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The high cost of saving money on full display


Everybody loves deregulation, until their kid gets sick from drinking the water.

And for good reason. Deregulation is always good for business, at least in the short term. Dumping toxic chemicals into the river or onto the ground is always going to be better for the bottom line than safe treatment and disposal.

And it’s not just business. Government has found deregulation is a surefire way to increase its own “efficiency.” The superfund site at Griggs and Walnut was the result of cleaning solvent used by the National Guard being dumped on the ground.

A 2013 email from an official in the Michigan Treasurer's Department predicted that switching the Flint water supply off the Detroit system would save as much as $300 million in the next 25 years.

No state has embraced deregulation as tightly as Texas, and no person has extolled its virtues as loudly as its former governor, Rick Perry, who for a precarious two years and nine months was in charge of protecting the environment for our entire nation.

Which is why Texas is the only state in the nation with its own energy grid. If they were connected to the national grid, they would have to abide by the national regulations. Their way has been a lot more profitable for the energy companies and cheaper for the consumers, until it got cold.

A winter storm swept across the country last week, causing traffic problems and icy sidewalks in other states, but it knocked out the Texas power grid.

Gov. Greg Abbott responded by going on Fox News and blaming the Green New Deal. He is now calling for an investigation of the ironically named Electric Reliability Council of Texas, which oversees the power grid, to determine what went wrong and ensure it never happens again.

Here’s my prediction. They’ll discover what went wrong is they didn’t winterize the system, even after a similar storm 10 years ago provided ample warning they needed to. And the way to prevent it from ever happening again is by winterizing the system.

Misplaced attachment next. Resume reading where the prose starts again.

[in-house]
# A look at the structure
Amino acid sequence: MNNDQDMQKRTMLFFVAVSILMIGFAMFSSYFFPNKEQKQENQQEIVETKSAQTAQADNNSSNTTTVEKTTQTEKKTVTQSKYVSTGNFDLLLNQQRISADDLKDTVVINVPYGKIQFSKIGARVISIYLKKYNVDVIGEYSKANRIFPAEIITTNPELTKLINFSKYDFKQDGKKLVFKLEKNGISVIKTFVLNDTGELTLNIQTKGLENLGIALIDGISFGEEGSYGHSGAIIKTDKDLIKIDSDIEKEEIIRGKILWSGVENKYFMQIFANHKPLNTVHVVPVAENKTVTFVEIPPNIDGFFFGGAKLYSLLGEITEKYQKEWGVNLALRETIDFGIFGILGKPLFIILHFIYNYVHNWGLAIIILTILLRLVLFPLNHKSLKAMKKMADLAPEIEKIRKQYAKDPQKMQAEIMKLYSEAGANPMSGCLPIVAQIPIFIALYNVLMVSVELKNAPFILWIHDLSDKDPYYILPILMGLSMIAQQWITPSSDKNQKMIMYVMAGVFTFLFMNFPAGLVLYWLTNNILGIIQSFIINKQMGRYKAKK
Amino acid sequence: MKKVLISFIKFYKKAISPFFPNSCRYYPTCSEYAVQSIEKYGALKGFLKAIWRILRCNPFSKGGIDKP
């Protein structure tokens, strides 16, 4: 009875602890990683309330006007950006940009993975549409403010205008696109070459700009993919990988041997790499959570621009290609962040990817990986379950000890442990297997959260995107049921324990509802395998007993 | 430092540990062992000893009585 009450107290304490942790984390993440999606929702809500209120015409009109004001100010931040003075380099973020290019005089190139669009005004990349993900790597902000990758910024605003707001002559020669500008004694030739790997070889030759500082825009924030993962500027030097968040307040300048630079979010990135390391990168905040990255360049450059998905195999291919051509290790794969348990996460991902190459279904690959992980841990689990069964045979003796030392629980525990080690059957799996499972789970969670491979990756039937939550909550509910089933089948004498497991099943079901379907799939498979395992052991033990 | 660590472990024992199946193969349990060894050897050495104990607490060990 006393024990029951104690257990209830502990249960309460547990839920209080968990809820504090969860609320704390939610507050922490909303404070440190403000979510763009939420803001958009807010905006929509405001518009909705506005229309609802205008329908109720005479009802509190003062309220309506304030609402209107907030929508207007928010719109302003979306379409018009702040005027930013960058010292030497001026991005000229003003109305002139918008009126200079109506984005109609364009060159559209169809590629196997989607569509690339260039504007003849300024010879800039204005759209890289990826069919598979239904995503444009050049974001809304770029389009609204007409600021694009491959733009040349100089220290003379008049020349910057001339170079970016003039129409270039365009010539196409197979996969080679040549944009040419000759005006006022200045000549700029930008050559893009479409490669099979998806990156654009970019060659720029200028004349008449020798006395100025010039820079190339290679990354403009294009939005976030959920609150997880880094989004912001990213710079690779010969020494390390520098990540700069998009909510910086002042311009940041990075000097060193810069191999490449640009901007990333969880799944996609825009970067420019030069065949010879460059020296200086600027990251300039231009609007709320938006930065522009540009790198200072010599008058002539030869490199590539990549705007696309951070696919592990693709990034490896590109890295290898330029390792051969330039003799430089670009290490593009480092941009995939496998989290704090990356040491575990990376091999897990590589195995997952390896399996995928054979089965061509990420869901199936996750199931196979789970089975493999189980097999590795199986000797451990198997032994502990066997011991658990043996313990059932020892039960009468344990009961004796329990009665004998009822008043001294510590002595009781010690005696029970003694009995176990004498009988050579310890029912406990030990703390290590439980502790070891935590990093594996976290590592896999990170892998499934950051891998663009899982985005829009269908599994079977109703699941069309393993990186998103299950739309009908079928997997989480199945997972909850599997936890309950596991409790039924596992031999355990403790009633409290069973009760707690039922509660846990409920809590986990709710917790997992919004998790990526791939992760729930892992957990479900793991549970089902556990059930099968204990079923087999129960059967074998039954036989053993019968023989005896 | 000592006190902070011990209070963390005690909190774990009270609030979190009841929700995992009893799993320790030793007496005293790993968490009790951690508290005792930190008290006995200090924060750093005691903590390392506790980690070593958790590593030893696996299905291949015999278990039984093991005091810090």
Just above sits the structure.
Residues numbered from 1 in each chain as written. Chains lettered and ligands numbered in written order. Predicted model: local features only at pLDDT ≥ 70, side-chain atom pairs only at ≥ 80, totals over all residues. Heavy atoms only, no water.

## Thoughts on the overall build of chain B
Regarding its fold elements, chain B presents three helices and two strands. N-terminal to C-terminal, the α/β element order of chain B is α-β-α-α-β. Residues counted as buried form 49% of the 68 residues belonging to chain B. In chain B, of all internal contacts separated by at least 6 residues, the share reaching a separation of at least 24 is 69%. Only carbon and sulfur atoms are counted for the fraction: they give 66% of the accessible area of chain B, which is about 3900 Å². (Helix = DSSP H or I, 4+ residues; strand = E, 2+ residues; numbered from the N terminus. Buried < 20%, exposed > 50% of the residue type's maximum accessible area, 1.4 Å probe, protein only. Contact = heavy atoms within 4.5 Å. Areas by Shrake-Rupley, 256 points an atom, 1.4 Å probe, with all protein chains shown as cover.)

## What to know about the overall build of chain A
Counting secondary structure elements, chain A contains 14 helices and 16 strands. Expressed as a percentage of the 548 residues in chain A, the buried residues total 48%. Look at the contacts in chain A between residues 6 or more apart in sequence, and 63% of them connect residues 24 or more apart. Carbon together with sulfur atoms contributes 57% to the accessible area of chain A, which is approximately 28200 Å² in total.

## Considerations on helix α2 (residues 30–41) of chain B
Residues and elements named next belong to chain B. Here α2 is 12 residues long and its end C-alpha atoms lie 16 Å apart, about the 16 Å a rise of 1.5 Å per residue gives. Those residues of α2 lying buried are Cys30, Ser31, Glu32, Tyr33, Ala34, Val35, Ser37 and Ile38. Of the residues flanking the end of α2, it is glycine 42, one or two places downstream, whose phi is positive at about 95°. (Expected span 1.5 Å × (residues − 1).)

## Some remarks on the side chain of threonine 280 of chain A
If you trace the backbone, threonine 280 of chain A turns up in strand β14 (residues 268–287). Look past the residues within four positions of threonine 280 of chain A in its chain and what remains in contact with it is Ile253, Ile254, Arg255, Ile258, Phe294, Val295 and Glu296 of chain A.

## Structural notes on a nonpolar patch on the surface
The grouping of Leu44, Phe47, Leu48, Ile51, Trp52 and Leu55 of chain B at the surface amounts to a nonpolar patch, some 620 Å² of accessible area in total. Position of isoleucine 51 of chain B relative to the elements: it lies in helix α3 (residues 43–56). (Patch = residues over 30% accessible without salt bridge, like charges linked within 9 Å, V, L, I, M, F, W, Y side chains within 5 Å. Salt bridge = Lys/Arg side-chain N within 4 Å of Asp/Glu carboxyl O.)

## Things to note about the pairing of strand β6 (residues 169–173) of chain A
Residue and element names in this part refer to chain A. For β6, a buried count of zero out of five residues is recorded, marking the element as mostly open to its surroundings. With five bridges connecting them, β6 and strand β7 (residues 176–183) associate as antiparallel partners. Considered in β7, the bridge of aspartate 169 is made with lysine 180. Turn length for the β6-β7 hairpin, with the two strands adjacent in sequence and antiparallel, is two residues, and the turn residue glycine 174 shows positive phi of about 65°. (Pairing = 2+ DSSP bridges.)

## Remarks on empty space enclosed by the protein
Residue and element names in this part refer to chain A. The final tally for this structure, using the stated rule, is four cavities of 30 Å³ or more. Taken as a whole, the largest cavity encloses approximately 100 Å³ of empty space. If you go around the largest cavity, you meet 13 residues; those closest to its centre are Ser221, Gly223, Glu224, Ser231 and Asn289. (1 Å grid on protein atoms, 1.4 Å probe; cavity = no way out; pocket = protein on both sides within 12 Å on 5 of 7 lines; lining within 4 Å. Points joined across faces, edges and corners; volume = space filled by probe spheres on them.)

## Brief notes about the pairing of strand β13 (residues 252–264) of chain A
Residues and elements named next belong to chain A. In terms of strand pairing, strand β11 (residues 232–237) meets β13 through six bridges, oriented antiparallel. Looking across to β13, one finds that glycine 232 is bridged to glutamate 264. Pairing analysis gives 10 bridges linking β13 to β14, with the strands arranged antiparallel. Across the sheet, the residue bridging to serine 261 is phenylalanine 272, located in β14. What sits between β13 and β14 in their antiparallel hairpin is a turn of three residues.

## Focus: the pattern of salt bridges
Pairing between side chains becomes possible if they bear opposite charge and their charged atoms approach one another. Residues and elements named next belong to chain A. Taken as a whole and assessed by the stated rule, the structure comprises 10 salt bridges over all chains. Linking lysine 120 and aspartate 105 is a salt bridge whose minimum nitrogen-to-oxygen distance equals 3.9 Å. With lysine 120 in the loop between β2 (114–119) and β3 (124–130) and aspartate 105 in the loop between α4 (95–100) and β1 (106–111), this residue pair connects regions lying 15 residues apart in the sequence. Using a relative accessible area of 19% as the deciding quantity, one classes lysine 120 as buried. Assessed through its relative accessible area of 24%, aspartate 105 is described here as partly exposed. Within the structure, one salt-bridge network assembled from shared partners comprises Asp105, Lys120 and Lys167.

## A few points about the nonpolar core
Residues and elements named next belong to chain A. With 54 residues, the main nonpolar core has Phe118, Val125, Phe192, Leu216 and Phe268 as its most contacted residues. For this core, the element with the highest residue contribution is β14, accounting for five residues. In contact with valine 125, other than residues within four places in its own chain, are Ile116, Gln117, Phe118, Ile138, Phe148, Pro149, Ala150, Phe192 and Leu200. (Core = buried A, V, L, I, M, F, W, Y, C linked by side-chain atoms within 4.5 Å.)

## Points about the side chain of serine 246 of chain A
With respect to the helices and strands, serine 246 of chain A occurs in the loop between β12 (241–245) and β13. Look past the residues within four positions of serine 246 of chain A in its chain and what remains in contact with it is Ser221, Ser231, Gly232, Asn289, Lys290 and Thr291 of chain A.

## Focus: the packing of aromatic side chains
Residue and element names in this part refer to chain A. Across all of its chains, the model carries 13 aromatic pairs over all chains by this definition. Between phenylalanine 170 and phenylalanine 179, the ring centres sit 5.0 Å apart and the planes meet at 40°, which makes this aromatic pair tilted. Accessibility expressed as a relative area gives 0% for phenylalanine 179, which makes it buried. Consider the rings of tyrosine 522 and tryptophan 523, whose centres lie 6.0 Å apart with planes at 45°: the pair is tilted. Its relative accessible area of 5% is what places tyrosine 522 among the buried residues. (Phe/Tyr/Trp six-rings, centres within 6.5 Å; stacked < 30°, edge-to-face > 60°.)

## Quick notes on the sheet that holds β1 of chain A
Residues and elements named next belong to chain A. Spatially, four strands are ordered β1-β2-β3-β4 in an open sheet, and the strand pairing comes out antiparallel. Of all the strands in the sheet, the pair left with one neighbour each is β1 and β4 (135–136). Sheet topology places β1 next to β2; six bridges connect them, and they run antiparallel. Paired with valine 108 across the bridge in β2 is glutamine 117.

But, here’s the hard part, that’s going to take government mandates, not recommendations.

Like all issues involving government, regulation requires a balance. I’m not saying more is always better. John Stossel has made a cottage industry of exposing ridiculous government dictates.

City and county managers have to always be vigilant for both corruption and arrogance within their inspections and regulations divisions. Bribes to government inspectors are a hallmark of corrupt regimes.

Beyond outright corruption, the regulatory process is often more adversarial than need be for those wanting to invest in a new business.

Business interests should be considered in any regulatory decisions, but they can't take priority over health and safety.

Getting the balance right requires having different voices at the table. That clearly is not happening in Texas, where the last Democrat to win a statewide election was former Lt. Gov. Bob Bullock in 1994. I’m not sure if it’s happening in New Mexico either, where Democrats hold all statewide offices.

There is a heavy cost when we get it wrong. As I write this, at least 58 people have died in the storm. It is expected to cost as much as $50 billion to rebuild. President Joe Biden has declared an emergency, releasing federal funds to help pay for recovery in the Lone Star state.

Walter Rubel can be reached at waltrubel@gmail.com.

Walt Rubel